[clug] Why virtual x86 machines?

Peter Saville savillep at protonmail.com
Thu Aug 20 12:49:13 UTC 2020

nice post, enjoyed it. the thought of un-boxing, wiring, networking and troubleshooting $14,000 worth a rPi's. that's a hard no from me...

Not exactly sure about the CMS question, and correct me if I'm wrong, but KVM is built into the linux kernel so it might look like a type 2 hypervisor, but is a native hypervisor that talks directly to hardware.



On 20/8/20 10:05 pm, Steve McInerney via linux wrote:

> What's the max cores/ram on a pi?
> Can I run multiple VMs with 4, 8, 24 cpus and 8/16/32/64/128 G ram?
> 10GiB nic for disk IO?
> Separate nics for other traffic?
> Do pi's come in nice neat rack units to make racking easy in a DC? Dual
> power etc etc.
> If I need local storage, do they come with built in raid?
> What about OOB/LOM/IDRAC et al?
> etc etc
> I don't know much about pi's beyond a quick google - hence the
> questions, but that's the sort of things I'm looking for in large and
> small cloud usage hardware.
> If Pi's can do all the above, then sure, they're a useful alternate,
> please point me at some built hardware and costings!
> Cheers!
> Steve
> On 2020-08-20 21:09, Hugh Fisher via linux wrote:
>> Inspired by the questions about KVM, I've been doing some reading on
>> virtual machines and containers and some of the other new abstraction
>> & protection mechanisms being used today. I like to write things down
>> to clarify my thinking, and am posting this to the list in the hope
>> that people with more knowledge will correct me if I'm wrong. And I do
>> have questions, at the end.
>> First up I'm not including the Java Virtual Machine, or the similar
>> bytecode like systems used in .NET, Python, etc. Those are designed
>> for user level programs, not OS kernels. And I'm not including
>> emulation/simulation where machine instructions are interpreted by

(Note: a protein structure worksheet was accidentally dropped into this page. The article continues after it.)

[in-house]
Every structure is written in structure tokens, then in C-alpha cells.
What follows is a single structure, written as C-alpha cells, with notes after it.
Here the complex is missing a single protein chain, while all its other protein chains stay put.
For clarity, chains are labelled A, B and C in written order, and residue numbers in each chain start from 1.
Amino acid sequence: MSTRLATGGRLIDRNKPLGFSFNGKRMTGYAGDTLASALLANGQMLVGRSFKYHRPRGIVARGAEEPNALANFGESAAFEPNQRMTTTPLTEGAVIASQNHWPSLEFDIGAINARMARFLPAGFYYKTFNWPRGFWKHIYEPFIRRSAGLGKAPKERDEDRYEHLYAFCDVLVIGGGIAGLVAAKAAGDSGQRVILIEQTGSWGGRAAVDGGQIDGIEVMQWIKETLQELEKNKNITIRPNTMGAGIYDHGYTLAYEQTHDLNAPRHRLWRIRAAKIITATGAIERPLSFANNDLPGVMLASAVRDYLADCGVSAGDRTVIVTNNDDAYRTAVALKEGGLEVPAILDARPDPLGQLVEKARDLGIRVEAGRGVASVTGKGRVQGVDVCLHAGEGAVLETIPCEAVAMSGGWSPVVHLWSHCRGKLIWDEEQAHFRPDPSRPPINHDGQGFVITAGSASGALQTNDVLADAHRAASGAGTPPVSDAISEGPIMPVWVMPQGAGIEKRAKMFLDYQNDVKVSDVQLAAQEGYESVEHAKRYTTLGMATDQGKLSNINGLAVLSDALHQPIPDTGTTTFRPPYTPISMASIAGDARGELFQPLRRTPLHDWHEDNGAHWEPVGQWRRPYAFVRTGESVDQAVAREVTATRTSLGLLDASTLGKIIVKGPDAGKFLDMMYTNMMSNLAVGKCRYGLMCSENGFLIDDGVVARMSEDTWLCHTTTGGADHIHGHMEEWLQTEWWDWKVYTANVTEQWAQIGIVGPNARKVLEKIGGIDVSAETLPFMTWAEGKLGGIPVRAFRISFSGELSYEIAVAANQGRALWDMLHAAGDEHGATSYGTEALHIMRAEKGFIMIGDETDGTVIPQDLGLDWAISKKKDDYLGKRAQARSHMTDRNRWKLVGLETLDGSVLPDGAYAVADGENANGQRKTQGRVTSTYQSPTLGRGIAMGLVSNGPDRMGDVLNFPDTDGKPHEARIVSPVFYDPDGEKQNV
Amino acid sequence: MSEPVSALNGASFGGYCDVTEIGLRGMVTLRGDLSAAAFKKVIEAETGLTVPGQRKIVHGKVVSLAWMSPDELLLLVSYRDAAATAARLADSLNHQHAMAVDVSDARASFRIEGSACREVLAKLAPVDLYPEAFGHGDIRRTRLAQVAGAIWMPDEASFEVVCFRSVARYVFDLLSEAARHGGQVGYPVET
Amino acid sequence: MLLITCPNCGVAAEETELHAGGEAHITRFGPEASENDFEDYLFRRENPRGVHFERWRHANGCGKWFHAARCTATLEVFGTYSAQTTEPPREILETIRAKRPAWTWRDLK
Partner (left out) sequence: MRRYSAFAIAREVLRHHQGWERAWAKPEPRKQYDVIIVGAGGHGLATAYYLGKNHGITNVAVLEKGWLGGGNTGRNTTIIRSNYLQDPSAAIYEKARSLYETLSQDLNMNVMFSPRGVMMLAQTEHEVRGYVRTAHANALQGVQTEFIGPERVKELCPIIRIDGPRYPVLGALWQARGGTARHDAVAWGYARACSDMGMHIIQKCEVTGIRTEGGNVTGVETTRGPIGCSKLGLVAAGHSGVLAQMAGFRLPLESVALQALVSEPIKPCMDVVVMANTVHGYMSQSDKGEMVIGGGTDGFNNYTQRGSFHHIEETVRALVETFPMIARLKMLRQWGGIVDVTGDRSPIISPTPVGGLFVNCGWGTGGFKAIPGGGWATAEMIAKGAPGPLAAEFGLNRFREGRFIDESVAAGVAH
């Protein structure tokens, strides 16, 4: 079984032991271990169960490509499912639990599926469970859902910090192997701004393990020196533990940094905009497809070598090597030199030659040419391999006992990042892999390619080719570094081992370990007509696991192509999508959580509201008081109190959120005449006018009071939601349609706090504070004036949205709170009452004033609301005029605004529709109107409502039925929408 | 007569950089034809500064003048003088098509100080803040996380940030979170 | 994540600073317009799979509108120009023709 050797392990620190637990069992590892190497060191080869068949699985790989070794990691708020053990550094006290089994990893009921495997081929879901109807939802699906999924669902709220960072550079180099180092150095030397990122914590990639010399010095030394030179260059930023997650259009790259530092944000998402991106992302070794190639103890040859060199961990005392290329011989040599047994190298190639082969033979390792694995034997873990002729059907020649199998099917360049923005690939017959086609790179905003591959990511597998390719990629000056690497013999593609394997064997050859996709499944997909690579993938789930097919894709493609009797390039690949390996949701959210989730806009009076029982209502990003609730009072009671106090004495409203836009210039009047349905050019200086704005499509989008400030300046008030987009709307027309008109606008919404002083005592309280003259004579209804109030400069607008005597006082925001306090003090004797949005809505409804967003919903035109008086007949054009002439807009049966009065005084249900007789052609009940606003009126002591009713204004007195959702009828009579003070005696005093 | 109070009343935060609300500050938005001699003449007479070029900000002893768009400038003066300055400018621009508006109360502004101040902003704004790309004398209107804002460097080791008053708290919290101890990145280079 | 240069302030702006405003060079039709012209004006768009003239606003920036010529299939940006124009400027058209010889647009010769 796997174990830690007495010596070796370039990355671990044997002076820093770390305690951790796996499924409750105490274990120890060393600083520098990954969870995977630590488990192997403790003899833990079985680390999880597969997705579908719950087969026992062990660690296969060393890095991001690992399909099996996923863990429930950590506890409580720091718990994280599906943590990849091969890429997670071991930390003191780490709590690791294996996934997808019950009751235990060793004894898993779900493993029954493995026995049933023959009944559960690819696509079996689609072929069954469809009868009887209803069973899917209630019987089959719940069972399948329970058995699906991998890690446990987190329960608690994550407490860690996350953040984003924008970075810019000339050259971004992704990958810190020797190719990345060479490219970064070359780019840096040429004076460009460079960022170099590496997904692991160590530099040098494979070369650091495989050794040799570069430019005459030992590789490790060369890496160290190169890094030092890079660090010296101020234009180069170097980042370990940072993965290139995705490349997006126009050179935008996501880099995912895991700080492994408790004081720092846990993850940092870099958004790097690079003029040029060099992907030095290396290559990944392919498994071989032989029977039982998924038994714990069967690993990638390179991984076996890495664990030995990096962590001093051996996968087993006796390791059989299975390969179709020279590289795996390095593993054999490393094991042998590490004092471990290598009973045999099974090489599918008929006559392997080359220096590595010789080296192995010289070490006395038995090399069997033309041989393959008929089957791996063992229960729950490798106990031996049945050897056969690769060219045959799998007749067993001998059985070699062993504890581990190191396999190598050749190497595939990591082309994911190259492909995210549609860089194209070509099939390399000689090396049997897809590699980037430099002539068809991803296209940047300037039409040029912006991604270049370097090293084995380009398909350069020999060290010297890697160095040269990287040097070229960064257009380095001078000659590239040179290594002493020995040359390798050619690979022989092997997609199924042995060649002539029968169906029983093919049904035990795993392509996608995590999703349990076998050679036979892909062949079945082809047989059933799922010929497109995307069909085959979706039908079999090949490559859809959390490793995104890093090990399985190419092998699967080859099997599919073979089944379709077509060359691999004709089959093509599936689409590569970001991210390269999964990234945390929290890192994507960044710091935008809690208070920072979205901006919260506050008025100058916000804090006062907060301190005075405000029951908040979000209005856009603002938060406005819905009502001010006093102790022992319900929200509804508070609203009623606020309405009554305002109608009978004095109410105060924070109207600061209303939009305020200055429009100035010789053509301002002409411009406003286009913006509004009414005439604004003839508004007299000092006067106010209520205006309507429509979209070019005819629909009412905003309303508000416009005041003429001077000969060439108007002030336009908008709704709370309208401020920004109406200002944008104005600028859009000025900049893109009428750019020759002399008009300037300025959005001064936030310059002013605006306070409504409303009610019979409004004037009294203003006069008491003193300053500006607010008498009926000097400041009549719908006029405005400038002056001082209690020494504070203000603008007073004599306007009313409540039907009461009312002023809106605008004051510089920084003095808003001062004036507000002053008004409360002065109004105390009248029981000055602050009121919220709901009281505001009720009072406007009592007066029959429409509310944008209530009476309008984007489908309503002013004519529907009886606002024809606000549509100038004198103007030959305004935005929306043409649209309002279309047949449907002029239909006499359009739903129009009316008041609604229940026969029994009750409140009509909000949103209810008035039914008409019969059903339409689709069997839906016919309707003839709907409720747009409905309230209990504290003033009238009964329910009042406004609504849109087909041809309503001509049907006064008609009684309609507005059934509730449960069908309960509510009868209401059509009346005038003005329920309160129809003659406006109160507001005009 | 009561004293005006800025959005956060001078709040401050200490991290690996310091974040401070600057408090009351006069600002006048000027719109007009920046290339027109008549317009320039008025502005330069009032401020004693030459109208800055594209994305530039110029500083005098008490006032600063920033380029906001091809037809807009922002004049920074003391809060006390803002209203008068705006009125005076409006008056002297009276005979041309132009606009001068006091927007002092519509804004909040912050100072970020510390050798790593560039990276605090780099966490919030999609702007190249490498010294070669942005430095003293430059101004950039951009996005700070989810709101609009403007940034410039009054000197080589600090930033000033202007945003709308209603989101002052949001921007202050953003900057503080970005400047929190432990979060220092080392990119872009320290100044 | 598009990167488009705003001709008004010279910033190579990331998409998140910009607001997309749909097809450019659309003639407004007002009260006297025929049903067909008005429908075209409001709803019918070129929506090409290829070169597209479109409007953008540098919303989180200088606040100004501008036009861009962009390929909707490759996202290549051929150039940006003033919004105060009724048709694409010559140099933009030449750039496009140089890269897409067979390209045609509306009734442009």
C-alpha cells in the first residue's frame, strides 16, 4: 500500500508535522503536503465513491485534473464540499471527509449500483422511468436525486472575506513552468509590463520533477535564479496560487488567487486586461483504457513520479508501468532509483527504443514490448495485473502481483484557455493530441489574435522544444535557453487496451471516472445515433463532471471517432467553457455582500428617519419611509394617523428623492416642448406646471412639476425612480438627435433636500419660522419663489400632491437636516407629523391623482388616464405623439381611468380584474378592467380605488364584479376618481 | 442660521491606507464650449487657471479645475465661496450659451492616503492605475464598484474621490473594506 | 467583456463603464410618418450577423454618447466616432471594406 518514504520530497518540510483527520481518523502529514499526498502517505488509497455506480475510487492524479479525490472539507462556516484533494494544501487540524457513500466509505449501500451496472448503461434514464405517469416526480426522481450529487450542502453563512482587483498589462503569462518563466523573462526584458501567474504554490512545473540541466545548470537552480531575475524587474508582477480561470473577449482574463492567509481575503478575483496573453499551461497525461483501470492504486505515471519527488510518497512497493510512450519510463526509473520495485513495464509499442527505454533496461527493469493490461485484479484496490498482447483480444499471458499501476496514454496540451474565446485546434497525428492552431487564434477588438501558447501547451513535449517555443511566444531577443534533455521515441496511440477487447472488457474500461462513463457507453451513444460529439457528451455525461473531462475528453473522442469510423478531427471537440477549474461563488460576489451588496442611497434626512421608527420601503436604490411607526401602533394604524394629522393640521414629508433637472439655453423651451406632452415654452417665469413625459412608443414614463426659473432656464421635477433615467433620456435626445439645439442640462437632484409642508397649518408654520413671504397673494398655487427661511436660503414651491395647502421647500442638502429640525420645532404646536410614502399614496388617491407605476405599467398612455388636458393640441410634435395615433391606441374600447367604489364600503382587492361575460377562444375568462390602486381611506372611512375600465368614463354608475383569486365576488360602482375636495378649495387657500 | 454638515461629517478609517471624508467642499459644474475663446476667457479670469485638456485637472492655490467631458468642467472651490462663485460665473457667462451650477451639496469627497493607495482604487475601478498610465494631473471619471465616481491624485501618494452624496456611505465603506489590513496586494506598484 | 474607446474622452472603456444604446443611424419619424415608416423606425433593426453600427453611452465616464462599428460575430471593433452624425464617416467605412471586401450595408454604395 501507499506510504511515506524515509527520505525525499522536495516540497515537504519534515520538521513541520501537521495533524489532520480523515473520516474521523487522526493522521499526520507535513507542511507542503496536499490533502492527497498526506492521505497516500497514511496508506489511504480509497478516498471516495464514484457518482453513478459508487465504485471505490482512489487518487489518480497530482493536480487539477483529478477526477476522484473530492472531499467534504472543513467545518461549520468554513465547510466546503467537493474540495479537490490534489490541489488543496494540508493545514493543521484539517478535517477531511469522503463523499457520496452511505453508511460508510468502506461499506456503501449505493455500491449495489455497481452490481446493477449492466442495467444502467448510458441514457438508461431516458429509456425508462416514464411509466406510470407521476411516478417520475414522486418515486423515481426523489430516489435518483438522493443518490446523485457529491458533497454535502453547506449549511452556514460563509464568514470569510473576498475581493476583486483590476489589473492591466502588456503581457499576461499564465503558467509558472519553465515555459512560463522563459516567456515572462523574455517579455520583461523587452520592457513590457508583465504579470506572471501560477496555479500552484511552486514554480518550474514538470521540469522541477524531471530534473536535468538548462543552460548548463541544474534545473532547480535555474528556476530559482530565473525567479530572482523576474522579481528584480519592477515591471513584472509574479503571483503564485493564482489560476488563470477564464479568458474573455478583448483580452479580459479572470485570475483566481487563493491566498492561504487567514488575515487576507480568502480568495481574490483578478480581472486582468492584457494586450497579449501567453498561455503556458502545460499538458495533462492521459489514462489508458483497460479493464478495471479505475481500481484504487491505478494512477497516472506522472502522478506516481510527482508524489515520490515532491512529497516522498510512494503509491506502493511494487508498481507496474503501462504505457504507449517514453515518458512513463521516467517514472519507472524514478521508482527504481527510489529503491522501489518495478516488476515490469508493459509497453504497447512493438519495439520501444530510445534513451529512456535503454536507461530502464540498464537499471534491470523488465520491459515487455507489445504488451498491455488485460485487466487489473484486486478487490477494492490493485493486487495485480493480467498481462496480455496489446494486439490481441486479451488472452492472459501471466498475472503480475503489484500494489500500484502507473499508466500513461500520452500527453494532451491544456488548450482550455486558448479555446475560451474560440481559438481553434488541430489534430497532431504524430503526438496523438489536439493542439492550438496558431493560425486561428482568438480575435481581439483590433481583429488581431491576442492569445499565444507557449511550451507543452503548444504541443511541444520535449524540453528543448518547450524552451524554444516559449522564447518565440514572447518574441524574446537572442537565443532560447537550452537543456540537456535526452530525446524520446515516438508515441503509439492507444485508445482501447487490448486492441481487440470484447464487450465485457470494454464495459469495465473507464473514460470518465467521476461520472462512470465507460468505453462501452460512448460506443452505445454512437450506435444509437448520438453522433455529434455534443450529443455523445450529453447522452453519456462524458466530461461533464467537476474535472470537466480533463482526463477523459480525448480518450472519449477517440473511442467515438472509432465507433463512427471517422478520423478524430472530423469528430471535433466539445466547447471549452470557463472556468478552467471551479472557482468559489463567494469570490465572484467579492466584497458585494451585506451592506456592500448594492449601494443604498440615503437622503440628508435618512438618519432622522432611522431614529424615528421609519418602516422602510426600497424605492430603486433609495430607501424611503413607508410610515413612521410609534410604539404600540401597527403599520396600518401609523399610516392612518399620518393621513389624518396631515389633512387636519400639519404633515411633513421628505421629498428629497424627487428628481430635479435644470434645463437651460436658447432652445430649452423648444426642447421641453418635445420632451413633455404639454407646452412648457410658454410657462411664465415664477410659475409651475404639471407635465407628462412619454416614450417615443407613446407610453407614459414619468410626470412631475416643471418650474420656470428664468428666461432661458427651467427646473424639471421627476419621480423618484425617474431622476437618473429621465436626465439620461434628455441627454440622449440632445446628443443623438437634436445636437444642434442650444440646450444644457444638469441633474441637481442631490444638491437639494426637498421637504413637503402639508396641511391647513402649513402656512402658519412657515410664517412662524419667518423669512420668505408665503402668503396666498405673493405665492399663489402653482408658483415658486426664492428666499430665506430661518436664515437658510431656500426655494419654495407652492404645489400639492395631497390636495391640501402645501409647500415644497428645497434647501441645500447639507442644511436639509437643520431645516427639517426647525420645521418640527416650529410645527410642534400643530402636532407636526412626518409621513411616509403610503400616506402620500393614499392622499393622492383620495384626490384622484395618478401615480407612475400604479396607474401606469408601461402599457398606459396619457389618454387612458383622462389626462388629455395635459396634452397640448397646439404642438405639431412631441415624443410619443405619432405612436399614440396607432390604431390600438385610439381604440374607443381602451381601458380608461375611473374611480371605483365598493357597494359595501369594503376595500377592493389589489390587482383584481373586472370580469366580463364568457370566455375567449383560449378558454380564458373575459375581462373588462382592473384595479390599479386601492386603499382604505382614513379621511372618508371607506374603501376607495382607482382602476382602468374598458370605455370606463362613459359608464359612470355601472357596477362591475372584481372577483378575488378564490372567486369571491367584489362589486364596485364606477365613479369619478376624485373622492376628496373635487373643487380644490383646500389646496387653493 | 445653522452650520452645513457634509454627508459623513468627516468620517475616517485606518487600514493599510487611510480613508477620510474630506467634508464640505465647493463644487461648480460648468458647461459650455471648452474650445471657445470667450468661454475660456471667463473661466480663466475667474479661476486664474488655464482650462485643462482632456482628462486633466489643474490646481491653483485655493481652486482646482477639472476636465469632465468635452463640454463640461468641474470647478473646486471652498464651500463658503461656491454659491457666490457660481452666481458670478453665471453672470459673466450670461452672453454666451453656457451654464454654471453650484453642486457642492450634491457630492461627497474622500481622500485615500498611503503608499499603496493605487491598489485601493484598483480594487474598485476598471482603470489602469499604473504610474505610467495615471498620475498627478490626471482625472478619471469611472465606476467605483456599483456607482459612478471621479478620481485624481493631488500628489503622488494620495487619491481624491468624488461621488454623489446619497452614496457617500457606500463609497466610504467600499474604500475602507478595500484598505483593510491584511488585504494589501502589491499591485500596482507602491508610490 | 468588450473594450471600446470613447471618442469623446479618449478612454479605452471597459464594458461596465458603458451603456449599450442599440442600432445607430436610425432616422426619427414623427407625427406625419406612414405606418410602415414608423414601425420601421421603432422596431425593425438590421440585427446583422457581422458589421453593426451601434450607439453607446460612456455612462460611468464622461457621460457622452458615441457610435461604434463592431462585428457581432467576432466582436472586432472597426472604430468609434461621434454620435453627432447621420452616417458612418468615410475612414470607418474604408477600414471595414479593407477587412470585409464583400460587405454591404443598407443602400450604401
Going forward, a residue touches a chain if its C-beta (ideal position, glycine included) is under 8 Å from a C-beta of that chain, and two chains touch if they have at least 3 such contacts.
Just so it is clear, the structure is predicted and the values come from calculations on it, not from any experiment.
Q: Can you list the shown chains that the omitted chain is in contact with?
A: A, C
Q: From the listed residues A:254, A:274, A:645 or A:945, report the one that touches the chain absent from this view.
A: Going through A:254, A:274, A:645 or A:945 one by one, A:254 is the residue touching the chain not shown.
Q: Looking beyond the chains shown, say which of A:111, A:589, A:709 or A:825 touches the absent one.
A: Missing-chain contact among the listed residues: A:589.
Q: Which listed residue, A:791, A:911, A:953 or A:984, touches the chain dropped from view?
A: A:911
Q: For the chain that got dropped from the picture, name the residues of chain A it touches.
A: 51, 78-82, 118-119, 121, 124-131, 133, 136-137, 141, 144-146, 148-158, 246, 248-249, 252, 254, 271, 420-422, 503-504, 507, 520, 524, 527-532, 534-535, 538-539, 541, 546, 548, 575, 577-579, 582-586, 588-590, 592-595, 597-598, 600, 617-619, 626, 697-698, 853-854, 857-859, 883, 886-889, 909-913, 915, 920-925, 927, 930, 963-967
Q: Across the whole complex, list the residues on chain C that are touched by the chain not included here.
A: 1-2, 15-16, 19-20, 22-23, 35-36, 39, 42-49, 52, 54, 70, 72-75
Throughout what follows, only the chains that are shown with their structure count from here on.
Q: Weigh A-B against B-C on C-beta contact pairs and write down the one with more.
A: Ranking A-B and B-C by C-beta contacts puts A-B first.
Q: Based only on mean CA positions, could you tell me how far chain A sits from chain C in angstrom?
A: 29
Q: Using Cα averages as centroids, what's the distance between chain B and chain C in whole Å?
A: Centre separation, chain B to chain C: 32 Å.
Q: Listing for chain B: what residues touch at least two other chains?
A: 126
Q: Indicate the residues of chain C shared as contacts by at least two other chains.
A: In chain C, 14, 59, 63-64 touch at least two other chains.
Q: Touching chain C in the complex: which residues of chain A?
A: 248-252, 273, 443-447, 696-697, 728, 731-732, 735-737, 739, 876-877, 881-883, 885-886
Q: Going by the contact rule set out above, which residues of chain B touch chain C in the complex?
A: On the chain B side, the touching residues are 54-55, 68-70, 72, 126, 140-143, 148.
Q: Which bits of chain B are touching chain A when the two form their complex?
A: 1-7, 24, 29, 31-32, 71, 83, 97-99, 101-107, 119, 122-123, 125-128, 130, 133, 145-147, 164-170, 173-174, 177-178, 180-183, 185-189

>> another program, because then it's turtles all the way down. A 6502
>> Apple II running ProDOS can be emulated by a program on a M68030
>> Macintosh running System 7 which itself is being emulated by a program
>> running on a PowerPC Macintosh running MacOS X ...
>> So, a virtual machine, usually associated with a hypervisor and guest
>> operating system kernels, executes as many as possible machine
>> instructions on the actual CPU hardware. (Using the old definition
>> that you can kick hardware, but only swear at software. And just skip
>> over microcode.)
>> From my old Andy Tanenbaum textbook the first virtual machine in
>> widespread use was VM/370 for IBM mainframes, around 1970. I think the
>> history is important because of a question I'll bring up later.
>> A 370 series IBM mainframe, ancestor of the backwardly compatible zOS
>> mainframes still sold today, could easily cost a million dollars. A
>> 370 mainframe would run an entire bank financial system, or an entire
>> airline reservation network. Which was awkward if a new release of the
>> operating system was due and you wanted to test that all your software
>> would still work. Shut down everything while you reboot into a beta
>> OS? Buy another million dollar mainframe just for testing?
>> VM/370 was what today we call a hypervisor, that could run multiple
>> guest operating systems side by side on a single CPU, providing each
>> operating system its own "virtual 370". Now the bank could run VM/370
>> on its single mainframe, with say 90% of machine resources allocated
>> to the guest production OS and the rest given to whatever the
>> developers wanted.
>> This was a major technical achievement. Then, like now, the operating